Every Saturday morning during the cricket season an army of volunteers go out to do duty in running junior (and even senior) club cricket. Without them, many teams and even clubs could not function.
However, not all of these “helpers” are helping. Many are failing the players, teams and clubs that they represent due to lack of knowledge, understanding or even the ability to engage with young cricketers, their parents or the opposition.
We have all seen them and should learn from the errors of their ways. Here are some stereotype characteristics of Dad coaches but these traits are not that exaggerated!!
1. The Dad “helping out”: Often forced into this role due to lack of suitable coaches within a club, this dad is offering a noble gesture to pick up the reins but can also cause major issues within team dynamics, team structures and parent relationships. Young players are desperate to bat and bowl and often their parents are even more desperate to see this happen. Dad coach is in an unenviable position of having to pick batting/bowling orders under the watchful eyes of players and parents alike! Some promote their less gifted child at the expense of the team, some bat or bowl their child lower than should happen at the expense of the child.
2. The Dad living his lack of sport through his child: These “coaches” are often the most dangerous to teams of young cricketers. Not having learnt themselves through experience of playing the game, its special moments and ambiguities they base their ”knowledge” on their armchair experience of the game. They can push their players to the very edge through unreasonable expectations, limited concept of how the game works or just sheer pressure on their child and their team to perform. How many young players have you seen visibly shrinking during a game with their parent/coach verbalising every tiny failure in their performance. These “coaches” can also often be seen slogging their young bowlers or bowling at full pace to their 10 year old junior batsmen in the nets.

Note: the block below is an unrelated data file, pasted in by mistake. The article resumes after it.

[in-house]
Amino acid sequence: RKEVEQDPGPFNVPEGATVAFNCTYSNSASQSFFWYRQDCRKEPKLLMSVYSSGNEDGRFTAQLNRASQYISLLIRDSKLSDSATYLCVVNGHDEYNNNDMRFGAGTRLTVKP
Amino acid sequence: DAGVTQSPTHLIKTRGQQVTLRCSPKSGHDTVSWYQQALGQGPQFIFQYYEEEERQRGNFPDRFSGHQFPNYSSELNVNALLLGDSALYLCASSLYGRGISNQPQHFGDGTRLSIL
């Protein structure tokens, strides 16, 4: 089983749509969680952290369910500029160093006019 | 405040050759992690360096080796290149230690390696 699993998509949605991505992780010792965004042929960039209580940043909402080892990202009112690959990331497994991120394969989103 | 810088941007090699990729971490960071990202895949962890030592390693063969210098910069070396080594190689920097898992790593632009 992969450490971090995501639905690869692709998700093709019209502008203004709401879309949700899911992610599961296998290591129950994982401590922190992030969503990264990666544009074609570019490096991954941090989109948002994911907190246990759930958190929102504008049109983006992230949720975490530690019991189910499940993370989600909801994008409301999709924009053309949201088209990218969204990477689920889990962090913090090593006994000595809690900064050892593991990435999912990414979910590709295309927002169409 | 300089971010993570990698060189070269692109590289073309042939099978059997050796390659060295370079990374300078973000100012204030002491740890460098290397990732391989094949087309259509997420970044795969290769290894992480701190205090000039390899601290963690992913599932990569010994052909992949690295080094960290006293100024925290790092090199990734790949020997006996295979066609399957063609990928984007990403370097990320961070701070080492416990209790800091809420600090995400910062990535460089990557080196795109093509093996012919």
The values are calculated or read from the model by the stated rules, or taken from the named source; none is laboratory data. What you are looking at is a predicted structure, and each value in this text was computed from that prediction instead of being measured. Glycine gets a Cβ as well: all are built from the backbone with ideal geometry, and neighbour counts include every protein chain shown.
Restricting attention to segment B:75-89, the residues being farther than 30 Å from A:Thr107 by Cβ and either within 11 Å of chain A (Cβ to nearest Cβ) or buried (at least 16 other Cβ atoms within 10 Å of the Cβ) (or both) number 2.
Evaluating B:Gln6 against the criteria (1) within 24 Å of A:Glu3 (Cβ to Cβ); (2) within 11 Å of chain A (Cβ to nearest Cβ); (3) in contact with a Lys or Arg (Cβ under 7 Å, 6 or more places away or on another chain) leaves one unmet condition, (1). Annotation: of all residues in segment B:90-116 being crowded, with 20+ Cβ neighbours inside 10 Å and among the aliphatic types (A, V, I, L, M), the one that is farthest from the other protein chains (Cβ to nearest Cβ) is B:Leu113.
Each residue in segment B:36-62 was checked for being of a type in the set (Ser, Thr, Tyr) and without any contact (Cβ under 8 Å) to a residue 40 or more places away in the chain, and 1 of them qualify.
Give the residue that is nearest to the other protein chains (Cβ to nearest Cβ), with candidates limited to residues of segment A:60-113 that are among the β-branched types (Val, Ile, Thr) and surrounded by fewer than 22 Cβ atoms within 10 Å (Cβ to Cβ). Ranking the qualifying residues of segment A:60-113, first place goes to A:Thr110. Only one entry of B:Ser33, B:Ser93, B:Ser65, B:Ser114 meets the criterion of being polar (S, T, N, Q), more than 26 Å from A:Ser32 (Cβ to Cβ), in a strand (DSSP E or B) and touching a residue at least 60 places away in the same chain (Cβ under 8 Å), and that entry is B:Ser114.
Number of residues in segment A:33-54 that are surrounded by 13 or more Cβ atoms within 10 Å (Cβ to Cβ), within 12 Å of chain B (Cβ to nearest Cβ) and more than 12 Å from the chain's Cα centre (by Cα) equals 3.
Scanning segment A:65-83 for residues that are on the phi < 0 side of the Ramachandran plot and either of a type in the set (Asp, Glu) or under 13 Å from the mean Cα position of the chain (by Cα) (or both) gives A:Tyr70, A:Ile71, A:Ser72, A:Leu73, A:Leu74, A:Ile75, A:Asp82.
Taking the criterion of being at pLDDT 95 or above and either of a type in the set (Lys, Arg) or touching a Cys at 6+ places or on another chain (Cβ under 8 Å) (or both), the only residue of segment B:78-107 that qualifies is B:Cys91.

3. The Unqualified Dad “Technical Coach”: Often linked to the above, these coaches are doing a massive disservice to their young charges. Teaching incorrect technique not only has implications on players’ skill sets but also can often lead to injury. A player needs to groove good habits, particularly from Under 10 upwards. They need to be shown good technique, tactical elements, teamwork, attitude, etiquette and respect for the game. All of these are often lost, damaging the prospects of all players involved.
4. The Competitive Dad: The testosterone flows too freely with these characters. They are often confrontational with other coaches and spectators and often push players away from the game with negative and often aggressive behaviour in the face of failure or defeat. Games are often played in unnecessarily hostile atmospheres and there is a fear of failure that transposes onto the team and reduces flair and enjoyment for the young players involved. Instead of looking for the positives and learning from mistakes these coaches undermine confidence and spoil the game for youngsters with critical tirades at the end of an innings or match.
5. The Pushy Dad: These coaches often do not understand the natural development process of young cricketers. They put intense pressure on their child and ultimately the team with exaggerated performance goals. Other players within the team are often overlooked or even shunned in favour of their own child. Not only does this damage the team dynamic it also puts untold or often unrecognized pressure on the coach’s son/daughter from their teammates.
Watch out for these characteristics from your child’s team coach. Talk to the club to remedy the situation before we lose youngsters to the game.
Volunteer coaches are an important part of the South African sporting scene, so what can you as a Dad or Mum do to contribute in an effective manner to continue to grow and develop our childrens’ sporting experiences. Positive parent involvement is important so how can you achieve this?
- Attend a coaching course recognised by the appropriate sporting organisation
- Partner with a qualified coach to act as your mentor
- Coach a different team from the one that your child plays in
- Communicate your philosophy on coaching to parents and children
- Encourage positive involvement from other like minded parents
- Develop a code of conduct for you, your team and the parents
- Treat all players with equal attention and reinforce the efforts of all players
- Teach sportsmanship and fair play
- Understand the history and etiquette of the sport you are coaching
- Practise Kaizen – continuous learning and improvement of yourself and your charges